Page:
In the following sections, we describe each of the above 4 steps. Note that there was overlap and iterations over the steps as per the UCD best practice. To ease readability, we report the procedure and results from each step. Thereafter, we provide a general discussion and conclusion.

Step 1: Understanding User Experiences and Context to Identify the Problems

Participants and Recruitment

The participants included adults (≥18 years), patients recovering from mental disorders, caregivers of such patients, peer support workers (PSWs), mental health care providers, and persons involved in the implementation of call centers for telecoms or other health care centers. The health care providers, patients, caregivers, and PSWs were recruited from the Butabika National Mental Referral Hospital in Kampala, Uganda, which is also the site of implementation. Sampling was purposive to include different cadres and expertise of providers (informed by the third author, who is the head of Butabika Hospital) and to represent different mental health conditions, levels of education, and socioeconomic status of patients and caregivers to get diversity of experiences and views. The investigators (JKK, JN, and VK) physically approached the health care providers at Butabika Hospital, explained the project’s purpose and the research activities involved (including participation in multiple group discussions and workshops), and obtained consent from those interested. These health care providers then reached out to patients under their care, caregivers, and PSWs; provided them with information about the study; and invited those interested for consent by the investigators, who explained the participants’ rights and voluntary nature of participation. Participants in the last stakeholder category were recruited through the network of the first author who works in the digital health field in Uganda.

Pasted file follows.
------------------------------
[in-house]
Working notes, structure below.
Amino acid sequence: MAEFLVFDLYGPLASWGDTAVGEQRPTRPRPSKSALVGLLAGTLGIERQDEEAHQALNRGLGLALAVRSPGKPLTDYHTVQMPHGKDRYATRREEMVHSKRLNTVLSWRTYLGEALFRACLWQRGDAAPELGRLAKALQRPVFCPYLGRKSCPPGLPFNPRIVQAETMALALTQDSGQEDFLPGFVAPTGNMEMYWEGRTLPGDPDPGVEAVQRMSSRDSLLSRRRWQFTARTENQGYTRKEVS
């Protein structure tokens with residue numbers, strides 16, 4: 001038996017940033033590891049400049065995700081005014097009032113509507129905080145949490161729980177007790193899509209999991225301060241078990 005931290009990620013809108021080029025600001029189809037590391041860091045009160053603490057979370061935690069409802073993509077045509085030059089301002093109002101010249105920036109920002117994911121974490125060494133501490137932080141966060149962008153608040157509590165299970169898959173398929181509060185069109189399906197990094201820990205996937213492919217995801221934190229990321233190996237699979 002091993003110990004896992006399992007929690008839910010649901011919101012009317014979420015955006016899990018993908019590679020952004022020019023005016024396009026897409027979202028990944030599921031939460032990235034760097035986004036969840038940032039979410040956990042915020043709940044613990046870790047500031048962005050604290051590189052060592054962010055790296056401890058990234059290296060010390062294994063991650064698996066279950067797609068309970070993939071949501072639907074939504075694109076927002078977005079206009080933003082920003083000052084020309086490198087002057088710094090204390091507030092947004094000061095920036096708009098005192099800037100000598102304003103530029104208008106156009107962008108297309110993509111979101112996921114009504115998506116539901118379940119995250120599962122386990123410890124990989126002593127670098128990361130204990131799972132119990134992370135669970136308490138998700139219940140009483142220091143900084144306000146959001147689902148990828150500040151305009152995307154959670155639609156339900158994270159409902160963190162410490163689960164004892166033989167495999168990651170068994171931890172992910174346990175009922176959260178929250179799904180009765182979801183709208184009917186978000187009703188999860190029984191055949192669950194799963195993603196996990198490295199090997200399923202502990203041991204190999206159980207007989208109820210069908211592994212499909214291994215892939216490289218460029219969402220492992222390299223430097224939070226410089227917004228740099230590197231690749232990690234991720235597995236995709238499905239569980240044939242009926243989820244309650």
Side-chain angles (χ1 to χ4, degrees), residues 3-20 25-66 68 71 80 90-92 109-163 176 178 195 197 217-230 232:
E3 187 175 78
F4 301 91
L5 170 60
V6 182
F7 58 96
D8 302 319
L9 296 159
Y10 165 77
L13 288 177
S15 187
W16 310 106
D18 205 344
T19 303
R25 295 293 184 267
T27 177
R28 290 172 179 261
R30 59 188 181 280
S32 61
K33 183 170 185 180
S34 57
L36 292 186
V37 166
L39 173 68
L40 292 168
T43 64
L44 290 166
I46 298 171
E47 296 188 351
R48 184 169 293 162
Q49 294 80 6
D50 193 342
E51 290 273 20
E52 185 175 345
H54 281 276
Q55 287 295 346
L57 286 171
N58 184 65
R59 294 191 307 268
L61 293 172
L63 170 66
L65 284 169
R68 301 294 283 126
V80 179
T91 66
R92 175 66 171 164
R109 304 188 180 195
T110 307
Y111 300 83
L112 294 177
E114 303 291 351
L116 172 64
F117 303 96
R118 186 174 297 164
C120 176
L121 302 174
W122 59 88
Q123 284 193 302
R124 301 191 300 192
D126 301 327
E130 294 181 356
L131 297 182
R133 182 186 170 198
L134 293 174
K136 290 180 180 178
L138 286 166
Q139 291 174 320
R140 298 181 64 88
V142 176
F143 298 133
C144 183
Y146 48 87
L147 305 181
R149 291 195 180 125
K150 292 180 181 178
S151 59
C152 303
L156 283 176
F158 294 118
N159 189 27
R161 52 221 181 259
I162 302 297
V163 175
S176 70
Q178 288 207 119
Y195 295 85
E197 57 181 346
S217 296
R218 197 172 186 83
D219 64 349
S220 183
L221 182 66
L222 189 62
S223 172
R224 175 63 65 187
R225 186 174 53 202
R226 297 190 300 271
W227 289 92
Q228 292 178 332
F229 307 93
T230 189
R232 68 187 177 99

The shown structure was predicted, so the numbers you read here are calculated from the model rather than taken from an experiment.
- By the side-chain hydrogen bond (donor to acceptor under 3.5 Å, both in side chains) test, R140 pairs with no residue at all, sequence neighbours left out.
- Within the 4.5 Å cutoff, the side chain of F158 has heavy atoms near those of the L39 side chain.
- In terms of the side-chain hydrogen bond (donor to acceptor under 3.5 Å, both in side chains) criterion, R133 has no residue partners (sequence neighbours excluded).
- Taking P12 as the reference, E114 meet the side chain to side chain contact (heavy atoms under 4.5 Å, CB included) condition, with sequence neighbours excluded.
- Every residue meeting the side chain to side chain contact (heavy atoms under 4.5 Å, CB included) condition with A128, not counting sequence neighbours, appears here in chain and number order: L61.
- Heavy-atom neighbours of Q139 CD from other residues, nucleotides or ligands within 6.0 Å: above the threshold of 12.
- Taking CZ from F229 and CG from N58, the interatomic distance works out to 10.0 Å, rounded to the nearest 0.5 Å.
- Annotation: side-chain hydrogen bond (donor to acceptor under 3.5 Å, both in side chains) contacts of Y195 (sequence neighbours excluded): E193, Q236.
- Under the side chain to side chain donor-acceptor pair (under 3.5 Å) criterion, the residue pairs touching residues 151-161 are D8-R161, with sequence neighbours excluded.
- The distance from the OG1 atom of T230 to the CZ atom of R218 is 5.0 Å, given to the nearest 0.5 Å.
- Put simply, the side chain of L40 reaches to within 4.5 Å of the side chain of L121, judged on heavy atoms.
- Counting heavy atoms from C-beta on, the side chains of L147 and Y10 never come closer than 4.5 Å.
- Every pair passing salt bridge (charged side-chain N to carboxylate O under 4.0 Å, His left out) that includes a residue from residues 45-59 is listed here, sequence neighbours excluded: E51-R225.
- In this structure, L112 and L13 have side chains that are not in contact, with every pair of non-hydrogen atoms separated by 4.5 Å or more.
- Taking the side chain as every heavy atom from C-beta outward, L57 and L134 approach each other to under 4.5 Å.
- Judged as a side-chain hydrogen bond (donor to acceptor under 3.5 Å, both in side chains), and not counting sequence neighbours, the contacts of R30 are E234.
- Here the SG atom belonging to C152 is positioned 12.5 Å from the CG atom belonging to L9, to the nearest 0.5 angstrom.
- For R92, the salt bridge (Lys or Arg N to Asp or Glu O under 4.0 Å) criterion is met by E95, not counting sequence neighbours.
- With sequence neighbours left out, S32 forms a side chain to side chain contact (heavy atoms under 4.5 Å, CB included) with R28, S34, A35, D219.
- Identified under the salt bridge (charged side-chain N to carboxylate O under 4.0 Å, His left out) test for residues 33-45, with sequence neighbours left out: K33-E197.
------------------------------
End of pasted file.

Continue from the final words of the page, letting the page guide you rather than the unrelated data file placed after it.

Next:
Data Collection

We conducted semistructured focus group discussions (FGDs) in which we explored participants’ experience of mental illness and mental health care in Uganda (including unmet information and supportive care needs); experience with call center services from the commercial service sector or other digital health care services; and opinions about a proposed digital mental health service (ie, feasibility, appropriateness, expected benefits, or recommendations for successful implementation). The FGD guide is shown in Textbox 1. There was flexibility in the order of the probes to allow free flow of ideas, with additional probes for clarification added by moderators as issues of interest arose. In addition, certain issues or probes were discussed in detail, paraphrased, or left out as appropriate depending on relevance to the session participant or if such a topic had been sufficiently explored in the prior sessions.

The sessions were conducted in English and Luganda (the lingua franca in Uganda) as appropriate for the participant category. In addition, we held male-only and female-only FGD sessions for patients to reduce the possibility that some participants would overshadow others during the discussion, but other sessions were mixed to ensure rich discussions since diverse viewpoints from different participants inspire others and spur discussion. The first and fourth authors (JKK and VK) were the moderators, while the second author (RN) was a notetaker. The sessions were audio recorded and later transcribed by the second author, who also translated the sessions in Luganda into English for analysis. The FGDs took place in November 2021.